Hong Kong is Asia’s second art marketplace after Beijing and accounts for nearly 24% of Greater China’s art auction turnover. In a difficult economic environment for the Chinese art market, Hong Kong was the only Chinese marketplace to resist the general slowdown, posting revenue growth up 8% in 2015 compared with a 33% contraction in Beijing. Hong Kong’s resilience appears to be due to a strategic repositioning of its auction operators who have expanded their offer to Japanese, Korean and Southeast Asian artists. Internationalization is therefore still very much at the heart of the city’s success with Hong Kong still attracting Western and pan-Asian market players (including the French auction house, Artcurial, which started organising sales there in 2015). Recently, the city’s best results have been hammered at Sotheby’s.
Along with October, April is one of the best months in Hong Kong’s art market calendar with Sotheby’s usually holding major sales of Asian art at the start of the month. Between 3 April and 5 April, Sotheby’s hosted no fewer than six sessions, generating a turnover total of $196.8 million. To expand its clientele, the American auction firm decided to add a special component to its Modern & Contemporary Asian Art sale entitled “Brushwork. From Asia to The World”. Consisting of a well-chosen selection of 20 abstract works by Asian, European and American artists, the component was highly successful with a 100% sold rate, total turnover of $8 million and results exceeding their pre-sale high estimates. The sale set new auction records for the Japanese calligrapher Shiryu MORITA (Kame fetched $96,750), the Japanese painter and sculptor Sofu TESHIGAHARA (whoseSetsugetsu Ka – Snow Moon Flower fetched $56,000) and the Korean artist In-Sik QUAC (whose Work 63 sold for $137,000).
The week of sales also generated a new record for Tsuguharu FOUJITA who crossed the $5 million threshold with a magnificent Nu au chat (1930) acquired by Shanghai’s Long Museum (a private museum founded by Liu Yiqian and Wang Wei). This new record is all the more significant as it returns the Japanese-French artist to the price levels his work reached back in 1989-1990 when Japanese investors vigorously supported their compatriot artists. Today, Foujita’s market seems to have acquired new momentum and it will very likely relay to Western marketplaces. His work is also appreciated throughout Europe, in Switzerland and in the United States. Until recently, Paris was the epicentre of his market (generating 31% of his turnover over the last 10 years), followed by New York (with 19%). But with this new record, China has also become a reference market for the sale and exhibition of his works. The recent upside is an encouraging sign for Foujita’s global market.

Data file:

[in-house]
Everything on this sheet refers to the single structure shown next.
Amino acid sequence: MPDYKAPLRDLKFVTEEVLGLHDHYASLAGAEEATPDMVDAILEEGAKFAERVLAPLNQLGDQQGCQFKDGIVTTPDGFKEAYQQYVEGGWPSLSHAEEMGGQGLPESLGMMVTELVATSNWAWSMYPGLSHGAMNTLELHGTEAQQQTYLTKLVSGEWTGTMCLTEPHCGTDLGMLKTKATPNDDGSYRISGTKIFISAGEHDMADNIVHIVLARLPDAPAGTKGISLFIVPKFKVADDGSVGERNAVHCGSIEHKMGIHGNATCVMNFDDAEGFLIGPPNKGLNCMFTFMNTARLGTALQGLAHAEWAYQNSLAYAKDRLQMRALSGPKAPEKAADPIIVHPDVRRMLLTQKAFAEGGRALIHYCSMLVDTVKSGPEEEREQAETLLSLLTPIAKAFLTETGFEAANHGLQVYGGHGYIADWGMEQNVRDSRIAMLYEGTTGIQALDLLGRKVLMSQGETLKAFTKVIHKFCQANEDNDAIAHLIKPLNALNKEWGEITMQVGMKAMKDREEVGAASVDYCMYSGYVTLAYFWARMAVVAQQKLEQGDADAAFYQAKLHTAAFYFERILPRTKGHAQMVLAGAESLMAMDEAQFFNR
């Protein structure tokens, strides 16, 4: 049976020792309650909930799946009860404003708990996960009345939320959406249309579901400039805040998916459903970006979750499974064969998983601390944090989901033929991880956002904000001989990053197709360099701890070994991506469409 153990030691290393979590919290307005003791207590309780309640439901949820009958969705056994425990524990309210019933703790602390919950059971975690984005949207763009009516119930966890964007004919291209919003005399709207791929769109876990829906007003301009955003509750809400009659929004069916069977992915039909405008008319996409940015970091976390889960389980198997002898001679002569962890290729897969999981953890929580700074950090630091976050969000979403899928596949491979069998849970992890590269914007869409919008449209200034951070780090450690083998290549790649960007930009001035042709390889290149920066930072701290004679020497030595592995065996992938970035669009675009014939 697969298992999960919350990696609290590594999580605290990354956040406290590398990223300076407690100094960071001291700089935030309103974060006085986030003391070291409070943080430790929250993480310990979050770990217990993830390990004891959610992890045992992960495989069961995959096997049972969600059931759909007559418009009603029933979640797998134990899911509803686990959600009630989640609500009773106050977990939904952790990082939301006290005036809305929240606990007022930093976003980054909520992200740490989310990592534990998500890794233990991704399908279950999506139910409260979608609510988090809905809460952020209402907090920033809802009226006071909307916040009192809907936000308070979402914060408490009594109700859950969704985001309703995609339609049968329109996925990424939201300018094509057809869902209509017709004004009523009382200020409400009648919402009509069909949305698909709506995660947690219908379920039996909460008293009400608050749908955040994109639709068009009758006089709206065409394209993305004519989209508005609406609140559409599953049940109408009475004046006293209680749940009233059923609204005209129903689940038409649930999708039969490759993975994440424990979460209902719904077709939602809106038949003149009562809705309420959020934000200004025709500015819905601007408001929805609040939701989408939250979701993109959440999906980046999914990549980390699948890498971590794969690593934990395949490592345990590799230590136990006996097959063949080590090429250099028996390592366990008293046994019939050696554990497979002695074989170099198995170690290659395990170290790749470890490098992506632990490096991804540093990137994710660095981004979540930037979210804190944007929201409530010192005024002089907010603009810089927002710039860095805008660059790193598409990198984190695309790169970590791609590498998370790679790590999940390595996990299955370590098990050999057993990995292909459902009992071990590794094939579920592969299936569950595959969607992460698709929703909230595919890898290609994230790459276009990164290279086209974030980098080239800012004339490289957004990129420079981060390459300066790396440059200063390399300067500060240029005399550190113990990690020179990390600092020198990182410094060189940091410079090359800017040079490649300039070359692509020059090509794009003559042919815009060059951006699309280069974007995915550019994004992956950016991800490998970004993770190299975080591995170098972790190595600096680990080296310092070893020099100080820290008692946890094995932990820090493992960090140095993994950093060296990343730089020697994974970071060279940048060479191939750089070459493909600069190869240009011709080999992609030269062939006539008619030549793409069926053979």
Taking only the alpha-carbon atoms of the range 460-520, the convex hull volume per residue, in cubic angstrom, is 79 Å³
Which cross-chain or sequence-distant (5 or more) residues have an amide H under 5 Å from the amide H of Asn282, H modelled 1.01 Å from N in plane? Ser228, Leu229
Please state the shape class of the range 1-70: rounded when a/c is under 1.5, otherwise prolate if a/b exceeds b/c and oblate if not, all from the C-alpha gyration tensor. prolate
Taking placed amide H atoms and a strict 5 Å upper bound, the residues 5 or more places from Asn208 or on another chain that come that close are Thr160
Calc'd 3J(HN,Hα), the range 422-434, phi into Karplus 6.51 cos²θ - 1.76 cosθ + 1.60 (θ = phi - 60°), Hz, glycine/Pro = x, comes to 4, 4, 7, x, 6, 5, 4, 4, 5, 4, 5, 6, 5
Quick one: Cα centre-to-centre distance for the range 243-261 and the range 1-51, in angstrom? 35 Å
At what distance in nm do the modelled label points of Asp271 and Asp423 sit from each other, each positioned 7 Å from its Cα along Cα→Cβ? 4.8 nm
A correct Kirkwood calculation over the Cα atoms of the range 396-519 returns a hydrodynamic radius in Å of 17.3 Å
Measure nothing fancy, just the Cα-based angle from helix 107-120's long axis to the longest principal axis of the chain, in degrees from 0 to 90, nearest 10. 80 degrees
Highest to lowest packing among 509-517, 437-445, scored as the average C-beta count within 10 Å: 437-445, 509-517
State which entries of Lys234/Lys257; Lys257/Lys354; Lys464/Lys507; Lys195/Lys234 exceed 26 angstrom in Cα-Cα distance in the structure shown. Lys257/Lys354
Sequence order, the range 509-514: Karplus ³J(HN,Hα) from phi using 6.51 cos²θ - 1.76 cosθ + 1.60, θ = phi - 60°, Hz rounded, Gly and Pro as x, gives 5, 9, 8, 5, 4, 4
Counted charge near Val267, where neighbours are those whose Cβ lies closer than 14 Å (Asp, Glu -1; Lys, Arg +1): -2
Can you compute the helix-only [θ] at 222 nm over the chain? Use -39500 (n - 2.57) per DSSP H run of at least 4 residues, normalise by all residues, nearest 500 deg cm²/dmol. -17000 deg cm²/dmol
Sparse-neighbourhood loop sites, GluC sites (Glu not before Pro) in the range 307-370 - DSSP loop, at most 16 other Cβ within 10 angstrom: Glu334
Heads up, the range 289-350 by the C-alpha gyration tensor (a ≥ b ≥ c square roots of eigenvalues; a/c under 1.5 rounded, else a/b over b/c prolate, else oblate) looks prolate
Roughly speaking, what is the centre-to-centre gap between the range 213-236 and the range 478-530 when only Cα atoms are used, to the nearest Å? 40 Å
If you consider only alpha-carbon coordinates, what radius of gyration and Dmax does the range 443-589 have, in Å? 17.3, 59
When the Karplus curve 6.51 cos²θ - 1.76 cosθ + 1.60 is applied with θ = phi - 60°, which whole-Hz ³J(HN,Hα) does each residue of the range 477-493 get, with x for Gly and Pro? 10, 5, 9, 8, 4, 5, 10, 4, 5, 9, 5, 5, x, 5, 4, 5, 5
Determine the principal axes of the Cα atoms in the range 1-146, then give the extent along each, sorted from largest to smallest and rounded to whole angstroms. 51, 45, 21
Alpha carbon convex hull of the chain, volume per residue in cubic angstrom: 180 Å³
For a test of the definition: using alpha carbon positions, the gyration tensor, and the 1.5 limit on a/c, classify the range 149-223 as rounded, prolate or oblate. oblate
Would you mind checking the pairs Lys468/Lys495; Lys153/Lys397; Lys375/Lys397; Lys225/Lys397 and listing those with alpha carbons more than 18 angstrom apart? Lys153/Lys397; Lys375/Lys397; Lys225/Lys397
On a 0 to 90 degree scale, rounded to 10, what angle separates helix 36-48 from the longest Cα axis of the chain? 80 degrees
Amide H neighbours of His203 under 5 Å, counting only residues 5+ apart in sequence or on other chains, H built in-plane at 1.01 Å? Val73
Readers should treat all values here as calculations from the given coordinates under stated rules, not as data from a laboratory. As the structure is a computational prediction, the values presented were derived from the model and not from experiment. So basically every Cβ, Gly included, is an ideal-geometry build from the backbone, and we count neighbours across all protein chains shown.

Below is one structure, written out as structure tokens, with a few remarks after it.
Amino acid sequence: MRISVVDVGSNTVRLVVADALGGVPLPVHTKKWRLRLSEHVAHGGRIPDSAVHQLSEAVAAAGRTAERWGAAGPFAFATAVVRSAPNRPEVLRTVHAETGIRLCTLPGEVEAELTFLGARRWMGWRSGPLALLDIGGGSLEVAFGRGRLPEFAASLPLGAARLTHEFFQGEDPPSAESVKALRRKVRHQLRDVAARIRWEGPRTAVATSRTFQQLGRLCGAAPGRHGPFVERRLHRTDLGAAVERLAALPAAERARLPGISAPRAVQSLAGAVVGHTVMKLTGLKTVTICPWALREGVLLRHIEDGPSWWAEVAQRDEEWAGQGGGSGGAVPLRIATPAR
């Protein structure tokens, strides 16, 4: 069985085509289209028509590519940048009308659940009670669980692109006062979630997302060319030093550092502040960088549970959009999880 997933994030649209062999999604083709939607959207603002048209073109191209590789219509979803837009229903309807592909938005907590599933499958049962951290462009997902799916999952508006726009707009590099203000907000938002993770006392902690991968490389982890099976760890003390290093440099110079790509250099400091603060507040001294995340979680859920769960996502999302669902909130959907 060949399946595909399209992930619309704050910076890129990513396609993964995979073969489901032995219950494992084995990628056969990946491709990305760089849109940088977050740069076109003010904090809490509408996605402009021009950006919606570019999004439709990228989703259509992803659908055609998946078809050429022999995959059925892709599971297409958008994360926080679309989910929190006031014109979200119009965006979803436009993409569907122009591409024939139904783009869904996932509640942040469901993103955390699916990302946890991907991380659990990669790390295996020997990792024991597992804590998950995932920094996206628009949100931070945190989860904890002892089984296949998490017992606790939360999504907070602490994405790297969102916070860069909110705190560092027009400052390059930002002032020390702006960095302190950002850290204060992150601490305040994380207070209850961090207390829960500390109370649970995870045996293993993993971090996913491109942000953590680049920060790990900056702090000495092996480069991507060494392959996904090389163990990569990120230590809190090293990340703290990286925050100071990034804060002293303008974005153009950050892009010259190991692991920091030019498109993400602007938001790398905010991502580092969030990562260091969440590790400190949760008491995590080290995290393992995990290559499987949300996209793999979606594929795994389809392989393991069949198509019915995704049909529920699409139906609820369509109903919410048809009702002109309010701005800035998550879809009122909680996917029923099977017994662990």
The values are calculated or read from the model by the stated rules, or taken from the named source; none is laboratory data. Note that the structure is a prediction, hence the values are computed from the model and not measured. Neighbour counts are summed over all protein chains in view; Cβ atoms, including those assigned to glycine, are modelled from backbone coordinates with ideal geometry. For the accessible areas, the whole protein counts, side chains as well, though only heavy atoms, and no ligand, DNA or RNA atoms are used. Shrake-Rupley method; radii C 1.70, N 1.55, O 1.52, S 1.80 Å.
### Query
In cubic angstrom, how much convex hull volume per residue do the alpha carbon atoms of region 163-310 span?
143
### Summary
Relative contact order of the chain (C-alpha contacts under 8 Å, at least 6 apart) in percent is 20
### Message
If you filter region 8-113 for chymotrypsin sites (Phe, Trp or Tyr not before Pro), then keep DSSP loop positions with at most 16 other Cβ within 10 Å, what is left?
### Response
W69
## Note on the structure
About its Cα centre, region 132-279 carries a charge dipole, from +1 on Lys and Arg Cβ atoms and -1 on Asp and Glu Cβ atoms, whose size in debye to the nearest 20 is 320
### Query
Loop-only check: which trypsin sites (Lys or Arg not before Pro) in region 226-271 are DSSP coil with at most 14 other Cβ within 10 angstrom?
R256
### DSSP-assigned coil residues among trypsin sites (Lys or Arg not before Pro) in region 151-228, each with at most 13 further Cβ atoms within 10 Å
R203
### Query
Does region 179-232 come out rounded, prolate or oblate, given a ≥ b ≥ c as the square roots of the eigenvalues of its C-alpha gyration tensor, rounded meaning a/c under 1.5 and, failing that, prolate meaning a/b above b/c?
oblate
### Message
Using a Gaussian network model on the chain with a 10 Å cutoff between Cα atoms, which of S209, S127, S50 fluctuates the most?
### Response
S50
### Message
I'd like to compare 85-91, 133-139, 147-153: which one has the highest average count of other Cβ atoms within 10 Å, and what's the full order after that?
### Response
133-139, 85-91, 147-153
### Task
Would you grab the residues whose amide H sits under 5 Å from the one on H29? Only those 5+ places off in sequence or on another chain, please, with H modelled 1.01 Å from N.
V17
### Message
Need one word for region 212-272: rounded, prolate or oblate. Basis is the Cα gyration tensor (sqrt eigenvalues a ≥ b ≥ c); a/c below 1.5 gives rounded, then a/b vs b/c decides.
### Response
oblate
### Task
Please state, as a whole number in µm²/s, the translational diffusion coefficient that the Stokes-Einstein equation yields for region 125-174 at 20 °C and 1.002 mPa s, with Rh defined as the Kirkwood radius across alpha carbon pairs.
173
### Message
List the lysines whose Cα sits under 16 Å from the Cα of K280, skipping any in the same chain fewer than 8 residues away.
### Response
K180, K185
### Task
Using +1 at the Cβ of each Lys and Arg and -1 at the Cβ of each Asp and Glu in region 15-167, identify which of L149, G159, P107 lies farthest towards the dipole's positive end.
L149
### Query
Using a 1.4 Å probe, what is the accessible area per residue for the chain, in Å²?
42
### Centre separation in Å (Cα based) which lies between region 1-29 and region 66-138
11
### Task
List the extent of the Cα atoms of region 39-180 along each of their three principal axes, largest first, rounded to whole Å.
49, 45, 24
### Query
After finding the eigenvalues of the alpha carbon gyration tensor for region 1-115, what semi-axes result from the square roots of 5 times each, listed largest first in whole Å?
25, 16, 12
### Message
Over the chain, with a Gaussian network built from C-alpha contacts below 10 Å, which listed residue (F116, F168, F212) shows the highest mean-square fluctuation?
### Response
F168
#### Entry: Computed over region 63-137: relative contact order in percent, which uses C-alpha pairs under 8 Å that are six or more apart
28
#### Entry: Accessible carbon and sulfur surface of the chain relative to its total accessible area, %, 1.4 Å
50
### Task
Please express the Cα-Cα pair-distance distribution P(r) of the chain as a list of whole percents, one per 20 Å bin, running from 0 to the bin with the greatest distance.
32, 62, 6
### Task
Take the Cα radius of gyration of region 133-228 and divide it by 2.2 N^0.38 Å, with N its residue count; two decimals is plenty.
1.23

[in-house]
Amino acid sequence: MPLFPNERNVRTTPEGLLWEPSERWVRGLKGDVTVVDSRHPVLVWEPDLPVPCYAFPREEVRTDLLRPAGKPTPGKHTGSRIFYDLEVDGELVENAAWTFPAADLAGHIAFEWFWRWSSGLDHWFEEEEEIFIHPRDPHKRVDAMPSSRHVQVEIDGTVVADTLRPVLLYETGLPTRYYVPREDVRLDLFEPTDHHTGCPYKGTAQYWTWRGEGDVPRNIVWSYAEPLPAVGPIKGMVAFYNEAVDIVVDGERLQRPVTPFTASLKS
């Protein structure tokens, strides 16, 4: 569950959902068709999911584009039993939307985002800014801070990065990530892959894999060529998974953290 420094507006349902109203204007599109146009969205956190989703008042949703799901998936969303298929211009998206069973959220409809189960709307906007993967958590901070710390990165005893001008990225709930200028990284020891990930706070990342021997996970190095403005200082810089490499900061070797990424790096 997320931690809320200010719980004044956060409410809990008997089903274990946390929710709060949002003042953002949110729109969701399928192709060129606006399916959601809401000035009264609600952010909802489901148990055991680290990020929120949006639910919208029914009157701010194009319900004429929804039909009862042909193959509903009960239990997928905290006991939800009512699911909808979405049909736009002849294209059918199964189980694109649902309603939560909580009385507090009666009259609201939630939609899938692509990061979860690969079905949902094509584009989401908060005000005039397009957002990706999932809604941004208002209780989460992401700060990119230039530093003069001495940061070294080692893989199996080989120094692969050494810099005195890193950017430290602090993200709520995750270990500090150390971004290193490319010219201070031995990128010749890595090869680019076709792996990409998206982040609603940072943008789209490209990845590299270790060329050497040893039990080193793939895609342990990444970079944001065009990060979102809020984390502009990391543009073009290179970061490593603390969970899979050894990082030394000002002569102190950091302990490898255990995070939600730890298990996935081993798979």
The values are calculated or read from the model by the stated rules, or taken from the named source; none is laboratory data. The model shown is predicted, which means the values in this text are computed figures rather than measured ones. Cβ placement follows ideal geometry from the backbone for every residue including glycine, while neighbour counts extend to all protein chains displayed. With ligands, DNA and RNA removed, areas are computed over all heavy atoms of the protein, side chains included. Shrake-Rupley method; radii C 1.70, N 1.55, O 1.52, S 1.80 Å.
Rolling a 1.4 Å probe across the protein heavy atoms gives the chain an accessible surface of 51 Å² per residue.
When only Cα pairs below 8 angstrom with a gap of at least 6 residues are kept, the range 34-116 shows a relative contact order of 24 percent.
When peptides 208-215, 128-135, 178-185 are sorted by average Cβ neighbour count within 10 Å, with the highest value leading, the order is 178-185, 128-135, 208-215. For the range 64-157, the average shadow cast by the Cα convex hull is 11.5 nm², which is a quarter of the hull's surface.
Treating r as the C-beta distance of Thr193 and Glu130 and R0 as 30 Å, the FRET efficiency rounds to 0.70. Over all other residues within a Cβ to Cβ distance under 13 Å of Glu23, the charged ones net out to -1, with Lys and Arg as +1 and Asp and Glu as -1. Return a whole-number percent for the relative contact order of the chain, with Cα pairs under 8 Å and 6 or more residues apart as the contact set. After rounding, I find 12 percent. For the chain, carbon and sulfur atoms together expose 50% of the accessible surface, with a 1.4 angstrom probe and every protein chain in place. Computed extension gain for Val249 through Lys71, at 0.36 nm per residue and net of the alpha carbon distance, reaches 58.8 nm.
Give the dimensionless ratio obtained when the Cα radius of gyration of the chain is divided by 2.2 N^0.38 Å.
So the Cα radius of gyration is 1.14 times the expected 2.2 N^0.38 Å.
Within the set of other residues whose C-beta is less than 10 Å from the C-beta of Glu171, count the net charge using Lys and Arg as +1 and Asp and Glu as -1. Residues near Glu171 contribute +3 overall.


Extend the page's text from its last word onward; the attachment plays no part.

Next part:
Sotheby’s sales would have left a slightly bitter taste if they had concluded without any Chinese artists in the limelight. Fortunately, that was not the case sinceWANG Huaiqing (born 1944) added $3 million to his previous auction record when Feet 2 (a large oil-on-canvas completed in 1999) fetched $7 million. Another significant auction record was generated for the Chinese Contemporary artist LIU Wei (born 1965) whose oil-on-canvas triptych The Revolutionary Family Seriessold for $5 million. Lastly, the painter WU Dayu (1903-1988) crossed the $2 million threshold for the first time with an abstract oil-on-canvas from the early-1980s that was exhibited at Taiwan’s National Museum in 2001 and now belongs to a private Asian collector. We note that Wu Dayu’s work has been the subject of strong demand since last year and his annual auction turnover doubled in 2015.
The next major Hong Kong art sales have been programmed for the end of May when Christie’s will be selling 20th Century and Contemporary Asian Art along with Contemporary Works in Ink. As this last component has been particularly successful on the secondary market over the last two or three years, we would not be surprised to see more new records.
— Artprice.com (@artpricedotcom) 28 février 2016